My oven is just like yours. I promise. It’s dark, hot and has some burnt bits on the bottom (ovens come like that, right?) It isn’t a golden cabinet billowing forth light and blessed pastries. In fact, the light is so dim that I have a hard time checking on cakes without opening the door (something I am loathe to do lest I let loose the built up heat). The cakes, cookies, breads and brownies that parade across the screens of Renegade Kitchen are not the first, third or even the fifth batch to come out of the oven. No, the goodies you see are closer to round 15 and sometimes, upwards of 25. I don’t have a golden touch, just frighteningly high standards and a level of persistence on par with telemarketers.
While it may seem like it takes a great deal of patience to wade through round after round of testing, it is, in fact, my bubbling impatience that keeps me going to the end. I know when something isn’t right in a recipe. And I want to fix it. Now. It’s easy to see what’s wrong when it comes out of the oven, but frequently (nod along with me bakers) I know before it even goes into the heat that something is amiss. Baking E.S.P. It is the beautiful fatalism of baking. Even when I can sense that there’s a gremlin in the dough, if I’ve spent time working a batter I will slide it into my preheated oven (if only to confirm my foresight). Of course, as soon as it’s out I’ll break the dough apart for analysis and start writing the next iteration. Which can lead to two, three and four rounds in one day. For me, this is the only way to move forward! If I were more patient perhaps I’d wait a day in between rounds, but I must credit my impatience for helping me to quickly assess a challenge and move forward with a new plan. How do you go about testing recipes?
Certain foods have proved more vexing than others. Biscotti? Don’t even blink. I polished off that recipe in a mere three rounds, practically unheard of in my kitchen. Chocolate chip cookies, on the other hand, were my crucible. What was it, 43 rounds? Every batch provided new insight, but also new mutations, new problems. One batch was spongy. Horrid. Another, crisp and light but brittle as Nicole Ritchie’s over-processed hair. I could barely lift one from the tray before it shattered into a thousand unsplendid pieces. Of course, conquering the chocolate chip cookie gave my ego a boost on par with Simon Cowell’s frigid praise.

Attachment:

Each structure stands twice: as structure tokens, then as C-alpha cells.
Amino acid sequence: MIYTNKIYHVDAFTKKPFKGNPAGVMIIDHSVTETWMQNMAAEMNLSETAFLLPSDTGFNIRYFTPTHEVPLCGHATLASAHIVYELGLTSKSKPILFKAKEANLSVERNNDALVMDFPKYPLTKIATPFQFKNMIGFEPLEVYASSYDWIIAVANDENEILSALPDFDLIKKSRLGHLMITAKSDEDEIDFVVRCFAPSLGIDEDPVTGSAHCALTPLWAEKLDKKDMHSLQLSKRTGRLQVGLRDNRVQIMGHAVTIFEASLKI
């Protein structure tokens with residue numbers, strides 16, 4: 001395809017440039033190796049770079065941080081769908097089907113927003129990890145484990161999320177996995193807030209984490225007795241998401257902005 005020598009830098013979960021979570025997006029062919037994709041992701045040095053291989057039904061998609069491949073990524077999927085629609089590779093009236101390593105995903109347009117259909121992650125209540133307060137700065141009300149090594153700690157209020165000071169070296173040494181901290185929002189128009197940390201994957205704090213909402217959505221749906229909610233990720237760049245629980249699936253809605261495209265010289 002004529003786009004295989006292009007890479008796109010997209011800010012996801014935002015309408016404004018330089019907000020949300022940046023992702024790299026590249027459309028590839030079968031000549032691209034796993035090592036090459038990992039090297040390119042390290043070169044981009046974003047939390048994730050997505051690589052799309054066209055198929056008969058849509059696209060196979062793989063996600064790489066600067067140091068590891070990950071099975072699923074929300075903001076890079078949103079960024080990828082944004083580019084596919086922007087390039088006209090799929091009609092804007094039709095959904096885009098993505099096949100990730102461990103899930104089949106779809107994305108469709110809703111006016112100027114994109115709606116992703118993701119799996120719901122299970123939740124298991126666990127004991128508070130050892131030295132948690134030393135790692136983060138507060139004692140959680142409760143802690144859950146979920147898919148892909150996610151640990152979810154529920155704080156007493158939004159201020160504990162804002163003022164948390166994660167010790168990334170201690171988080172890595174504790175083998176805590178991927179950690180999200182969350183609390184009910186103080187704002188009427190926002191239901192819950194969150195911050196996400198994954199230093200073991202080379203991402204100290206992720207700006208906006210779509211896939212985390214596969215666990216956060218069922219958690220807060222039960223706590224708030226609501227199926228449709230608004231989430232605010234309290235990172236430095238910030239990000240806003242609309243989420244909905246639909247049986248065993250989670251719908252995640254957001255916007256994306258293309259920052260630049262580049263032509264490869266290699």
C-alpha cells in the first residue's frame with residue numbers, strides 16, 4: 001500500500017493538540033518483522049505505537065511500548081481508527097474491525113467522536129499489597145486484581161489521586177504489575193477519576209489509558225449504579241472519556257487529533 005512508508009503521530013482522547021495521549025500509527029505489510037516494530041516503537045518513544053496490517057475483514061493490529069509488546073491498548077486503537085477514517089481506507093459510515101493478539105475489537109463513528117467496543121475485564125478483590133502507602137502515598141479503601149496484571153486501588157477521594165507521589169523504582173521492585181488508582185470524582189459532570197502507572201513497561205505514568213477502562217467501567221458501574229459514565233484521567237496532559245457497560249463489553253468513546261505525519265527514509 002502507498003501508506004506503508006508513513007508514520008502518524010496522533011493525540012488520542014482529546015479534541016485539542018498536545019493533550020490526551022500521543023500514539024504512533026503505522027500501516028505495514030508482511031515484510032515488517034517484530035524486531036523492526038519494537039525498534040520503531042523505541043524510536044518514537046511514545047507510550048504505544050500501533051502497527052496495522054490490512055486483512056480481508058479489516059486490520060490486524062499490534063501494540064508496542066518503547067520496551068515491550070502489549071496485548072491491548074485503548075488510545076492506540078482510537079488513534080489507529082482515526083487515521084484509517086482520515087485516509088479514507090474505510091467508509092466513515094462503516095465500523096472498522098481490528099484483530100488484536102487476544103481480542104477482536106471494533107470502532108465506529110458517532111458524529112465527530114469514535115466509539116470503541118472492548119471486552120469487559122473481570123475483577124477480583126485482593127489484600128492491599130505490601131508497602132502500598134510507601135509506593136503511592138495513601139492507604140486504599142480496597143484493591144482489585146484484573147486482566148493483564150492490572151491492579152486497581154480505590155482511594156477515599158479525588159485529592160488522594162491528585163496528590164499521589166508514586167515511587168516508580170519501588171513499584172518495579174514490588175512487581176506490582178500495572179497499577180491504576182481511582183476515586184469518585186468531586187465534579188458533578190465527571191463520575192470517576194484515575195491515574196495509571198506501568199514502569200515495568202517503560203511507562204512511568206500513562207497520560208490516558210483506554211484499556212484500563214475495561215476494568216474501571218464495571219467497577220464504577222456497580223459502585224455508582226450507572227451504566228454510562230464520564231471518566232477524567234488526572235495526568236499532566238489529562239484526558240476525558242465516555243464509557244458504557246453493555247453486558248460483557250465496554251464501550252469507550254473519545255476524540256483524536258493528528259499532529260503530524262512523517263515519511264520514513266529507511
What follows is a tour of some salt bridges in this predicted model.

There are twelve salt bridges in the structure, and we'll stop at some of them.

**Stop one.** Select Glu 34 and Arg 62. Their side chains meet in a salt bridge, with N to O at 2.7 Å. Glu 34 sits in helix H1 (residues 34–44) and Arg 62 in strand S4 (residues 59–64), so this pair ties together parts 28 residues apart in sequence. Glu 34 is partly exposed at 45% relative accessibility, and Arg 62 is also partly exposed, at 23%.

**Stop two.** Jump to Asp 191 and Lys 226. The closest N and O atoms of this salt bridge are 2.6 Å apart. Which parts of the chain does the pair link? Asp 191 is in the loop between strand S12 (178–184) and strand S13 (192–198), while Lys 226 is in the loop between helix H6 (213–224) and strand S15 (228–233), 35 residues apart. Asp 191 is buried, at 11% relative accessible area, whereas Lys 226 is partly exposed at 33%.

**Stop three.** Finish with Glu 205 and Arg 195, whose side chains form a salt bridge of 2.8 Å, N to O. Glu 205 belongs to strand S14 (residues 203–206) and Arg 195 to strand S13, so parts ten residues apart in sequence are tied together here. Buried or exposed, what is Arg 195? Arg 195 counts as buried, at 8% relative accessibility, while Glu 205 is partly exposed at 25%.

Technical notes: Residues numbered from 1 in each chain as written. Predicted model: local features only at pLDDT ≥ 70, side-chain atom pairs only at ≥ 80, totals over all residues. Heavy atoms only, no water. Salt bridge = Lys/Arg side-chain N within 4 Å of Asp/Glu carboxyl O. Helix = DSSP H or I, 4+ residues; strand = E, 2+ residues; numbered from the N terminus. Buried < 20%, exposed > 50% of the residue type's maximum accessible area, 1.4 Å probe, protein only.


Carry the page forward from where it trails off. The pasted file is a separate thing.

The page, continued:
I’ve told you about cupcakes. Though they went through fewer rounds than the chocolate chip cookies, the hand held cakes were, perhaps, twice as fickle. I’d solve a problem only to find that the pendulum had swung too far in another direction, producing bastard cakes which leached out their oil or had the texture of low grade foam rubber. And now, it seems, I have a new adversary.
Let me first inform you that my obsession with the pretzel borders on insanity. There is hardly a meal I can imagine that would not be improved with a handful of small, crisp pretzels strewn across the plate. Butternut squash soup? Pretzels offer the perfect balancing crunch. Salad for dinner? You’ll need some croutons-here, take a handful of pretzels. Late night trash-snack of hot dogs and baked beans? Obviously you should top the bowl with some tiny pretzels. Yes, I know it is unhealthy, I’m aware it is unsavory, but here I am baring all before you.
And while I love little bite-sized pretzels out of a bag, one thing I’m missing in my life is a giant, salty, soft pretzel. Philadelphia or New York style, I’ll take either as long as it’s gluten free. I know I’ll get there at some point, but for now I leave you with these final pictures. The very first round. Full of problems.
You may snicker. I am fully aware that this looks like a giant scatological joke.
It is not. It is truly a first round of experimentation.